As for the resort itself, Hulick points out that everything is centrally located, which gives it a close and quaint feel. "Avon's down the hill. There's everything you need as far as restaurants and children's ski school. It's family-oriented," he says, "which is probably what makes it so accessible on weekends. People coming up from Denver are just like, 'Oh, let's go to Vail.' They don't really know about Beaver Creek, and that's why the locals tend to go there on Saturdays and Sundays." But still, you'll have to head out early if you want the fresh stashes on a powder day.
Beaver Creek does have a couple of drawbacks. The parking is far out, unless you want to pay, and then it's "spendy" — which shouldn't shock anyone who skis in Colorado. But the parking is still less of a hassle at Beaver Creek than it is at Vail if you get there late, and for those willing to pay $30, Mountain Valet will park your car at either Beaver Creek or Vail. This season, the new Riverfront Express Gondola will also provide a fast route from Avon to the resort, and another gondola, the Buckaroo Express, is opening in the kids' learning area.
General Information: www.beavercreek.snow.com; 1-970-845-9090.
Location: 110 miles west of Denver via I-70, exit 167.
Hours: 9 a.m.-4 p.m. through December 13; 8:30 a.m.-4 p.m. December 14-April 13.
Snow Report: 1-800-427-8308.
Lift Rates: TBA.
Terrain: 1,805 skiable acres with 148 trails; 19 percent beginner, 43 percent intermediate, 38 percent advanced and expert. The base is 8,100', with a 4,040' vertical rise; summit: 11,400'.
Breckenridge has an assortment of parks to choose from, with a good progression from beginner boxes and little jumps to Freeway Terrain Park, Peak 8's "big boy park" and the favorite place to play for pro rider and Breck resident Ryan Thompson. "It's pretty much where I spend most of my time," he says. "They do a good job maintaining it and keeping it center stage. They give it more attention. Everything's more. The half-pipe is pretty much perfect at all times." It's so center stage and perfect that sometimes families come around to watch and oooh and aaah. Although a gawker occasionally gets in the way, for the most part the park doesn't get too crowded, Thompson adds.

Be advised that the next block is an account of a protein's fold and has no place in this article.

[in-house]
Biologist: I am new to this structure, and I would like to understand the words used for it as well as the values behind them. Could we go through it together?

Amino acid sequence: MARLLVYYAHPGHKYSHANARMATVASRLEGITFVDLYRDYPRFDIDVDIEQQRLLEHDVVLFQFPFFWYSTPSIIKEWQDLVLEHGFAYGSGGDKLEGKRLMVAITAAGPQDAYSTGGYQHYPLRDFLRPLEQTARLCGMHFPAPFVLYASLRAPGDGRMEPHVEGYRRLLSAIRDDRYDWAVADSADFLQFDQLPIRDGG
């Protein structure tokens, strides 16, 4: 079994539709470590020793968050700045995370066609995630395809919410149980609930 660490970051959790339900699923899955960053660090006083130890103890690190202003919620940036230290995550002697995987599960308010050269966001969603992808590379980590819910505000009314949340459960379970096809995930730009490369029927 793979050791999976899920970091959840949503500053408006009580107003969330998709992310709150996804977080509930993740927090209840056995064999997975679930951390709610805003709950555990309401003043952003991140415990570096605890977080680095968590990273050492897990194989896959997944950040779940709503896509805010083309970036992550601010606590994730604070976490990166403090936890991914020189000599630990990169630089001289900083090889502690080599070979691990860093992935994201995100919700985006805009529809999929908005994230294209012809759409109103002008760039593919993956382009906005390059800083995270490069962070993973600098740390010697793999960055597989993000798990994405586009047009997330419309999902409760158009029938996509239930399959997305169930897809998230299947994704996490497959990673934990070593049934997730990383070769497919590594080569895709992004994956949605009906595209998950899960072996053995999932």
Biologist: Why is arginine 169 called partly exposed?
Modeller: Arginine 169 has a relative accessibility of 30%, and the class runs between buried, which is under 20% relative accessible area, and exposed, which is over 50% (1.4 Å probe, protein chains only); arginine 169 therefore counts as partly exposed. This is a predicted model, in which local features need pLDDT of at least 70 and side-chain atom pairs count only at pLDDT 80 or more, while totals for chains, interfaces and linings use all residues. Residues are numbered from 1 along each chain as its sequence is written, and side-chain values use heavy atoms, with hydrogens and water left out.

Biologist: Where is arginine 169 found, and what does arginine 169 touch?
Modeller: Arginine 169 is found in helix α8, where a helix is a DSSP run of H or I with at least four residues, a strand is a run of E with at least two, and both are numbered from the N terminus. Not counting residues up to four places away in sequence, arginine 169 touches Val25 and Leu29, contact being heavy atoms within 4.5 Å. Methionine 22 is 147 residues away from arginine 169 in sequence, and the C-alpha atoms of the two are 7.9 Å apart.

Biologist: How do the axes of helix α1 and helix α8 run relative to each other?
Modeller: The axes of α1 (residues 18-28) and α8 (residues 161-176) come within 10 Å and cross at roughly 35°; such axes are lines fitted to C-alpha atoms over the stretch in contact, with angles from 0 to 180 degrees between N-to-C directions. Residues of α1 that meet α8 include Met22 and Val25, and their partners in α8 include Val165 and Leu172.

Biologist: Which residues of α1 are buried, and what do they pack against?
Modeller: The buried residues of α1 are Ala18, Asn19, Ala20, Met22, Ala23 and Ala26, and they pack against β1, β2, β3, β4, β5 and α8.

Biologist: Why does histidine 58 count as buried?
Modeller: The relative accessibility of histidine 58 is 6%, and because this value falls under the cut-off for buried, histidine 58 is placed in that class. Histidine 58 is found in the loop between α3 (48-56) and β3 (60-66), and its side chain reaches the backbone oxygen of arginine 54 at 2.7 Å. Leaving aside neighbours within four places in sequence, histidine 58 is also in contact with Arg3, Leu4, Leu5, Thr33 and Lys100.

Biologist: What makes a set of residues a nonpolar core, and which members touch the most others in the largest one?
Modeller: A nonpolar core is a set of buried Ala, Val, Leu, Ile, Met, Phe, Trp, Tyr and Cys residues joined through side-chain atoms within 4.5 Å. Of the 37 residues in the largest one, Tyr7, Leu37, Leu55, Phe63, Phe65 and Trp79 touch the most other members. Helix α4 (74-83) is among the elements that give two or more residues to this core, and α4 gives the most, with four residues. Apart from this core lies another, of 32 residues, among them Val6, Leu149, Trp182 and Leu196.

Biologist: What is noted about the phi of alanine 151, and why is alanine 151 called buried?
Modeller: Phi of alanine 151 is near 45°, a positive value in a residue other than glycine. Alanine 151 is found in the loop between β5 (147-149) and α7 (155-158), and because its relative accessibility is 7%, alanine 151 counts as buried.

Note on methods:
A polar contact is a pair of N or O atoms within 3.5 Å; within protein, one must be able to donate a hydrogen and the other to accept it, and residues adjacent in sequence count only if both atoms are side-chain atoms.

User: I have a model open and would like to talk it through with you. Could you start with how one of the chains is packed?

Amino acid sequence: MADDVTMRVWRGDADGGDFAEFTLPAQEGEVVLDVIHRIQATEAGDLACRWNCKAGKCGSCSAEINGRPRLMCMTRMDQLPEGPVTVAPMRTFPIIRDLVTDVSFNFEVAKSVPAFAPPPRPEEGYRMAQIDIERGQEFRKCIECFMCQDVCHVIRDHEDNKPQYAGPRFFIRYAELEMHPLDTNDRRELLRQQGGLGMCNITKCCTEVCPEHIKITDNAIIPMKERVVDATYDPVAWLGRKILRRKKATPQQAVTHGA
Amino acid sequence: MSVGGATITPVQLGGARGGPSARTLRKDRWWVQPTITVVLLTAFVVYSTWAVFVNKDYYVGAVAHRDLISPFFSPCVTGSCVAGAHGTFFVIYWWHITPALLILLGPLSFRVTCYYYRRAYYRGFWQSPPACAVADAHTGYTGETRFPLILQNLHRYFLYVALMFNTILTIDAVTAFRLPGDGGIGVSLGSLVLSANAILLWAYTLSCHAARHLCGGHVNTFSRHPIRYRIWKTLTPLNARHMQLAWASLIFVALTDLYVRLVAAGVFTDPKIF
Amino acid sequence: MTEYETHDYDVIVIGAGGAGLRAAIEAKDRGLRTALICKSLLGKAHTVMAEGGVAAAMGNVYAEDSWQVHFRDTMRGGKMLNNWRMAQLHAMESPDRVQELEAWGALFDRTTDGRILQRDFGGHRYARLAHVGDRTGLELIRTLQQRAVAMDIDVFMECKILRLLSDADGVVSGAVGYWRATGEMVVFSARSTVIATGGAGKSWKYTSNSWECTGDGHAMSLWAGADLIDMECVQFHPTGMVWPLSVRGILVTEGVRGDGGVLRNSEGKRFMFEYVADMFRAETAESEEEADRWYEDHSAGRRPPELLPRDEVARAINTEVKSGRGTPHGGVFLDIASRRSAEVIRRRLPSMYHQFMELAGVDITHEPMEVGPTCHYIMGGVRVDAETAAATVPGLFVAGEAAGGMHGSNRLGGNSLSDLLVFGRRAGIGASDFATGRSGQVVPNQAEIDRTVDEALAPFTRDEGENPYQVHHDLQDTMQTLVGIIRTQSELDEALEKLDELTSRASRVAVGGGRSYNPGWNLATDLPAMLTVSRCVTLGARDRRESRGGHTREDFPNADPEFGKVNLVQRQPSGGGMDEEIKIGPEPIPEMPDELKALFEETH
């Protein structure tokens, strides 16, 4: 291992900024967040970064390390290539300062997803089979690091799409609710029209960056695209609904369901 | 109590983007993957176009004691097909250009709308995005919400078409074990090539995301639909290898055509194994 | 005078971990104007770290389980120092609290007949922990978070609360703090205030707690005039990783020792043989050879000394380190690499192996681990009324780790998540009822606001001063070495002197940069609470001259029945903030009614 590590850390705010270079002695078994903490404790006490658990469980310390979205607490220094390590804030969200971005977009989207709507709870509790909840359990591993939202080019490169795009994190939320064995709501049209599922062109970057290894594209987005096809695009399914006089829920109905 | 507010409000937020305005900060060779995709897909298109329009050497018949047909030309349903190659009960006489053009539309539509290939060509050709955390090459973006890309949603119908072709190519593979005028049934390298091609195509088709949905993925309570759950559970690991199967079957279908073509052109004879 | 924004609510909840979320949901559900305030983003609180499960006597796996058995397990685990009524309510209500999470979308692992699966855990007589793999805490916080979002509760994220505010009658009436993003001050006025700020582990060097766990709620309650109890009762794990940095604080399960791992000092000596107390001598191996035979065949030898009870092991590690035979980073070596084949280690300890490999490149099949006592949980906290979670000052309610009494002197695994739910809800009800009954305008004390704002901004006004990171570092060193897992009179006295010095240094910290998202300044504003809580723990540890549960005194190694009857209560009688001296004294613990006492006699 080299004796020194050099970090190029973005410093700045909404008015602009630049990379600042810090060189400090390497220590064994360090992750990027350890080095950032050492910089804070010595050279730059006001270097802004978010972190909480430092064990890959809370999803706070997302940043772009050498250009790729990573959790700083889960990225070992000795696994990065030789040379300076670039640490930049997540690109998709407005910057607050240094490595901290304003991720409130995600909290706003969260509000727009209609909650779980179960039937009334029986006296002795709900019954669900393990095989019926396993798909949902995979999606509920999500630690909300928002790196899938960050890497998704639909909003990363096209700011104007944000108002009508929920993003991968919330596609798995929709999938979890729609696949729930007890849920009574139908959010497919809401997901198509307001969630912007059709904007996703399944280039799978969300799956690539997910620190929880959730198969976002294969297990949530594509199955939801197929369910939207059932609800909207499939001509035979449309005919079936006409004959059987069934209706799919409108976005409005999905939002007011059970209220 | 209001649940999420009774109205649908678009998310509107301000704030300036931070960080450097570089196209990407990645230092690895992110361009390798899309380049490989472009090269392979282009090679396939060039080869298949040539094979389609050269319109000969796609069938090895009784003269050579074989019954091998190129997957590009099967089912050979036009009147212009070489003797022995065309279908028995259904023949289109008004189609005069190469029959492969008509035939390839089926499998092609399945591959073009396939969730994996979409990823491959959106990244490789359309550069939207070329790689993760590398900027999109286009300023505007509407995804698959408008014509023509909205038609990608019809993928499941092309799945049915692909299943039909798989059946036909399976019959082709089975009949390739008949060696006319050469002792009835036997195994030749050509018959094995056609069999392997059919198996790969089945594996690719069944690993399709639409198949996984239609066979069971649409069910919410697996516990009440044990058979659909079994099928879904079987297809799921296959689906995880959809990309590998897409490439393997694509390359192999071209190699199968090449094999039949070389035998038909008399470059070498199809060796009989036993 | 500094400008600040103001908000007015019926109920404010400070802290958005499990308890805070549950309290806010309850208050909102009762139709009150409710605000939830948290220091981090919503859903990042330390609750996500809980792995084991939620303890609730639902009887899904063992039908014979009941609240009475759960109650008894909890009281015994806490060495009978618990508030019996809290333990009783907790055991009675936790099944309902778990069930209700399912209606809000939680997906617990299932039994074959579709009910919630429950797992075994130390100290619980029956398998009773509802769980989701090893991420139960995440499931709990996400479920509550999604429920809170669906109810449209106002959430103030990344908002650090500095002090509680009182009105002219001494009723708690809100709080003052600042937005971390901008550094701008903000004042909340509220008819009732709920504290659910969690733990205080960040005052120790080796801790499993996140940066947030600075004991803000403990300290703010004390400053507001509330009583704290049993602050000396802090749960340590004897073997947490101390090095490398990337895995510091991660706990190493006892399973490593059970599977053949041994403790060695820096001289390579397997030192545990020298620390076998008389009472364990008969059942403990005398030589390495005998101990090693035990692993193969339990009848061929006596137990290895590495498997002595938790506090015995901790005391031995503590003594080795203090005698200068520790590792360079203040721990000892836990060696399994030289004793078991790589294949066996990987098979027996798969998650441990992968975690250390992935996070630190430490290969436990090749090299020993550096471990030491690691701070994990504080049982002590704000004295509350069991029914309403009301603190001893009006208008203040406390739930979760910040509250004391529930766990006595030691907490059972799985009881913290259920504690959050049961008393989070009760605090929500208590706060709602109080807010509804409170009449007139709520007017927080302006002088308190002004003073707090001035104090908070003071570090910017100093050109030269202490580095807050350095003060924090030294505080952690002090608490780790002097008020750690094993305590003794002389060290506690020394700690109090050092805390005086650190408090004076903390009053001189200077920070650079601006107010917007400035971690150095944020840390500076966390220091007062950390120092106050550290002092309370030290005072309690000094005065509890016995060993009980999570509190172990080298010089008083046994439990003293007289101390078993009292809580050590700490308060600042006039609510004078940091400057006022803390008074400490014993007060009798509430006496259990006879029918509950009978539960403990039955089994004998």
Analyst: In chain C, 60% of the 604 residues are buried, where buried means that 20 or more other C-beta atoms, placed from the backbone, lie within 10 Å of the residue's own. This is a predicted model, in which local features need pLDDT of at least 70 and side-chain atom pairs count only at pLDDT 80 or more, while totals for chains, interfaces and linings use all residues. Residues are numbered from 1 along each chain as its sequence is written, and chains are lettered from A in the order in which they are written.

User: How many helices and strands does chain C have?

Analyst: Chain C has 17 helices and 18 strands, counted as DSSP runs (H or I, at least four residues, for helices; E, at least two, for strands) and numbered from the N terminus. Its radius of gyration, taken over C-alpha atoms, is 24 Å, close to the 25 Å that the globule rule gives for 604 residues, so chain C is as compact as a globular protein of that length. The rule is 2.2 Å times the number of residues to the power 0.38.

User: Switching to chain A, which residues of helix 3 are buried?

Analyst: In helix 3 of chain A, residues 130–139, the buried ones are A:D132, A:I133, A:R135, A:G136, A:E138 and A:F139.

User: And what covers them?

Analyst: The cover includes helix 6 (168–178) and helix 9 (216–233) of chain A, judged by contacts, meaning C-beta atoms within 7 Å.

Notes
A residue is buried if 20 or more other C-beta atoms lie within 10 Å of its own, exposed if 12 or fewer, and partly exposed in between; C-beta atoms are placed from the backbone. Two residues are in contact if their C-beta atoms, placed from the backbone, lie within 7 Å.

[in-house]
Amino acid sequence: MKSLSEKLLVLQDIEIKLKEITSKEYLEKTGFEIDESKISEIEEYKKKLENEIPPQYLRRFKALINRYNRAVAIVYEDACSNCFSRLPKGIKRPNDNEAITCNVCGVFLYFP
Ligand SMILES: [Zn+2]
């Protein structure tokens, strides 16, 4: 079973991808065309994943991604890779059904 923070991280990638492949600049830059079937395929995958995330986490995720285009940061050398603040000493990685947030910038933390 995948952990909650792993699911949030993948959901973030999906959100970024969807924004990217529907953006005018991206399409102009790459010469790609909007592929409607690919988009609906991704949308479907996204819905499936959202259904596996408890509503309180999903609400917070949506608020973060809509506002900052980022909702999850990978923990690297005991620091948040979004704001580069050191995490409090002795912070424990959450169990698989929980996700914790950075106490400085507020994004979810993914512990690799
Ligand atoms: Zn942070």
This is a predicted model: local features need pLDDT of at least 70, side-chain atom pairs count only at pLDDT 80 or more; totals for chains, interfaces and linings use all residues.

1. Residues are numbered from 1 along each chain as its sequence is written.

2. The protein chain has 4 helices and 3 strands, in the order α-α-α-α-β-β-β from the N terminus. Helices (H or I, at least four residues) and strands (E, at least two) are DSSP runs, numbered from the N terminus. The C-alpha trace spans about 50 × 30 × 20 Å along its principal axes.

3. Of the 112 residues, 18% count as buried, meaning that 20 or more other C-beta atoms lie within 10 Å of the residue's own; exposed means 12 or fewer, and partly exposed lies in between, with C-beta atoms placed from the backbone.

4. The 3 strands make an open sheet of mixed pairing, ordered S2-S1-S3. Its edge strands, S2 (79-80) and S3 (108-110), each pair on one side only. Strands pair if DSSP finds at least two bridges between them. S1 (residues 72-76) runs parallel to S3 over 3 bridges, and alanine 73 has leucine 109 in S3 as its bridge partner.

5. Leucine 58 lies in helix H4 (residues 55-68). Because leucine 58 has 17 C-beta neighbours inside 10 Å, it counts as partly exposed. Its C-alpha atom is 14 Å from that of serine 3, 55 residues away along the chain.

Breckenridge has seen some major changes in recent years, what with the addition of the Imperial Express SuperChair — North America's highest chairlift — and the BreckConnect gondola linking the town of Breckenridge to the resort. For this season, the main addition is a new terrain park on Peak 8. Instead of having parks of differing difficulty levels scattered across two peaks, the new park has put a progression system in one place. Skiers and riders will be able to move seamlessly from Trygve's beginner park to the new Park Lane intermediate park to Freeway. Park Lane sits next to Freeway, but the run has a longer, milder pitch, making it an ideal place for intermediate hits and rails.
Even though Freeway is his favorite, Thompson says there's a lot of other terrain he likes to hit at Breck. He usually warms up cruising around Chair 6, on the south side of Peak 8, especially when the snow is fresh. "That's where you kind of weed out most of the tourists from the local people," he says. When he's looking for powder, he goes to the south side of Peak 10. "And if you're willing to take a hike, go up to Windows," he urges.
Après-ski, you're likely to find Thompson — who recently graced the cover of TransWorld Snowboarding magazine — at Clint's Bakery. "It's always super-good," he says. "Everything's homemade there, and the girls who work behind the counter are really pretty."
General Information: www.breckenridge.snow.com; 1-970-453-5000.
Location: 80 miles west of Denver on I-70, (exit 203), Colo. Hwy. 9 to Breckenridge.
Hours: 8:30 a.m.-4 p.m.
Snow Report: 1-970-453-6118.
Lift Rates: Early-season adult day pass: $59; early-season child (12 and under) day pass: $39. Rest of season TBA.
Terrain: 2,358 skiable acres with 155 trails; 15 percent beginner, 33 percent intermediate, 31 percent advanced, 36 percent expert. The base is 9,600', with a 3,398' vertical rise; summit: 12,998'.
This will be the seventh year in a row that ESPN's Winter X Games come to Buttermilk — bringing more than 250 of the world's best ski, snowboard and snowmobile athletes along. And with the X Games committed to Buttermilk through 2010, this little mountain must be doing something right.
According to Peter Olenick, a Carbondale freeskier who competes in the games, that something is the superpipe, considered the best in the world. "It's perfect," he says. "They have it up year-round in great condition. It's like three whole hits longer. Most pipes are four, maybe five hits, and this one is like seven or eight hits."
Like the local kids, Olenick goes to Buttermilk to lap the park all day. "I like that they have a bunch of rails you can hit all the way down before you even get to the main park," he says. "There's just rails everywhere." The last jump, which is next to the pipe, is a favorite: "It's really fun to train on that jump. It's like a sixty-footer," he says of the spot, where he'll usually attract an audience: "There's a pretty good little crew of skiers there." In all, it takes him about ten minutes to get down, and at the bottom, the lines aren't bad.
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